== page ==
H.B. Pemberton, G.L. Philley and W.E. Roberson
Plants of Rosa L. `Peace' were field planted in Feb. 1995 in order to test black spot (Diplocarpon rosae Wolf) control efficacy of several compounds. Plants were protected from fungal infection by black spot with weekly sprays of chlorothalonil (Daconil) from 5 Apr. to 8 June 1995 to allow plant establishment. Spray treatments for efficacy testing were started on 23 June and ended on 1 Nov. 1995. All plants were uniformly weeded, fertilized, and irrigated as needed for the duration of the experiment. Plants were rated for defoliation and disease development on 18 July, 1 Sept., and 10 Nov. 1995. A wettable granular formulation of cyproconazole (Sentinel) controlled black spot significantly better when a surfactant, Latron B-1956, was added to the spray solution at 0.5 mL·L–1. Differences between treatments with and without surfactant were greater at lower rates vs. higher rates of cyproconazole. The most effective Sentinel rates with the surfactant were 0.13 g·L–1 applied every 14 days or 0.26 g·L–1 every 21 days. A formulated combination of chlorothalonil and thiophanate methyl (ConSyst) controlled black spot on a 7-day interval at 1.2 g·L–1, but not when applied at 1.8 g·L–1 every 14 days. Control was no better than the standard mancozeb (Dithane) treatment. Neem oil (NeemGard) was not effective on the 14-day schedule tested. Tank mixing neem oil with chlorothalonil or thiophanate methyl (Domain) did not significantly improve control. Neither myclobutanil (Systane) or a formulated combination of mancozeb and myclobutanil (RH 0611) was effective in controlling black spot.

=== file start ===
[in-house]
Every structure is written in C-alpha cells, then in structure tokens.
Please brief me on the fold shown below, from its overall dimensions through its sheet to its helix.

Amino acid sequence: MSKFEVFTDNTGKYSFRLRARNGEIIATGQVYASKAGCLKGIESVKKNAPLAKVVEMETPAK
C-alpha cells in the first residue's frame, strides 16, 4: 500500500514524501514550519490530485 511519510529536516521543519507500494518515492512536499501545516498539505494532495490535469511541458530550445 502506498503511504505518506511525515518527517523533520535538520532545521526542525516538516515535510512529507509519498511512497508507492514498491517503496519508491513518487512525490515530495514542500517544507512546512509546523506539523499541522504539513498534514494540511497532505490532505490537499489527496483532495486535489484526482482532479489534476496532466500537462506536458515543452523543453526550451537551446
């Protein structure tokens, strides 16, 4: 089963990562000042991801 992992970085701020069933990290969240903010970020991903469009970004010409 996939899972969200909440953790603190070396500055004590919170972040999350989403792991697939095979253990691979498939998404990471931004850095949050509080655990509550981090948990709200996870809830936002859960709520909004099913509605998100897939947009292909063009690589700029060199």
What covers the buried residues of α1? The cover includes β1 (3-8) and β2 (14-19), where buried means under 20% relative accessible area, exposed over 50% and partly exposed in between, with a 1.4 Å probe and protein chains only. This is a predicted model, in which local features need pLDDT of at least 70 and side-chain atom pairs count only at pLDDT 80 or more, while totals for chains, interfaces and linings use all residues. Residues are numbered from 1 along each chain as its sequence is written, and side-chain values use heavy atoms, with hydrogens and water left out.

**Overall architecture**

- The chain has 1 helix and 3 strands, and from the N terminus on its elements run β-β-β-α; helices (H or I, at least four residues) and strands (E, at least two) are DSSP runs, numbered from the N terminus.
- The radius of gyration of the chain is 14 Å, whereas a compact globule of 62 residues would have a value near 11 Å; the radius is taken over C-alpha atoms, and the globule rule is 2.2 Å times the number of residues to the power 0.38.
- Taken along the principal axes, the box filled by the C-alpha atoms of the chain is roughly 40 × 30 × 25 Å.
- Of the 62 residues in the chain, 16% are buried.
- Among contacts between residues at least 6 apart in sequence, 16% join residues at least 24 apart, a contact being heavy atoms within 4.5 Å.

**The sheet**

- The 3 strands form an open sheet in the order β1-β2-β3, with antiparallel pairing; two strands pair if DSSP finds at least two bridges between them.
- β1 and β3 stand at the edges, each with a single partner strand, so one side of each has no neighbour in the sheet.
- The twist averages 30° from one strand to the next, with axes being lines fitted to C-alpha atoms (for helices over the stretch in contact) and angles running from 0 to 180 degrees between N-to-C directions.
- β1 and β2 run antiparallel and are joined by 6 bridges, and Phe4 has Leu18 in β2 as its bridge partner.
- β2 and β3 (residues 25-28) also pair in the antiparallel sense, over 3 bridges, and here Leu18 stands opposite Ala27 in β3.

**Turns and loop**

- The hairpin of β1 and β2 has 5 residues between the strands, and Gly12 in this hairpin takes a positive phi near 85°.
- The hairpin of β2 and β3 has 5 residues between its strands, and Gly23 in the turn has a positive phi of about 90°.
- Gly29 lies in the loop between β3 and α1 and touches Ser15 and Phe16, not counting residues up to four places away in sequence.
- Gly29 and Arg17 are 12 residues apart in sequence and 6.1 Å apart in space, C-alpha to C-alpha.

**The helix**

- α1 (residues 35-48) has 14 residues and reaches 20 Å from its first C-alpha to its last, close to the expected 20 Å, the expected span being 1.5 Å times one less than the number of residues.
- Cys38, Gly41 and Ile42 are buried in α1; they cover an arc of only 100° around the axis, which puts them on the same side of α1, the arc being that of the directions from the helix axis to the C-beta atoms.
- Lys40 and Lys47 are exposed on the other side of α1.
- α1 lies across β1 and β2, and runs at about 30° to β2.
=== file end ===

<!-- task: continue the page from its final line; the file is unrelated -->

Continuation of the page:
D. Grant McCarty II, Sarah E. Eichler Inwood, Bonnie H. Ownley, Carl E. Sams, Annette L. Wszelaki and David M. Butler
, Oro Valley, AZ) and extract of neem oil (70% neem oil; Monterey Lawn and Garden Products, Fresno, CA) as necessary. At first harvest, recently matured leaves were collected from each treatment, dried at 65 °C, and TN determined by combustion as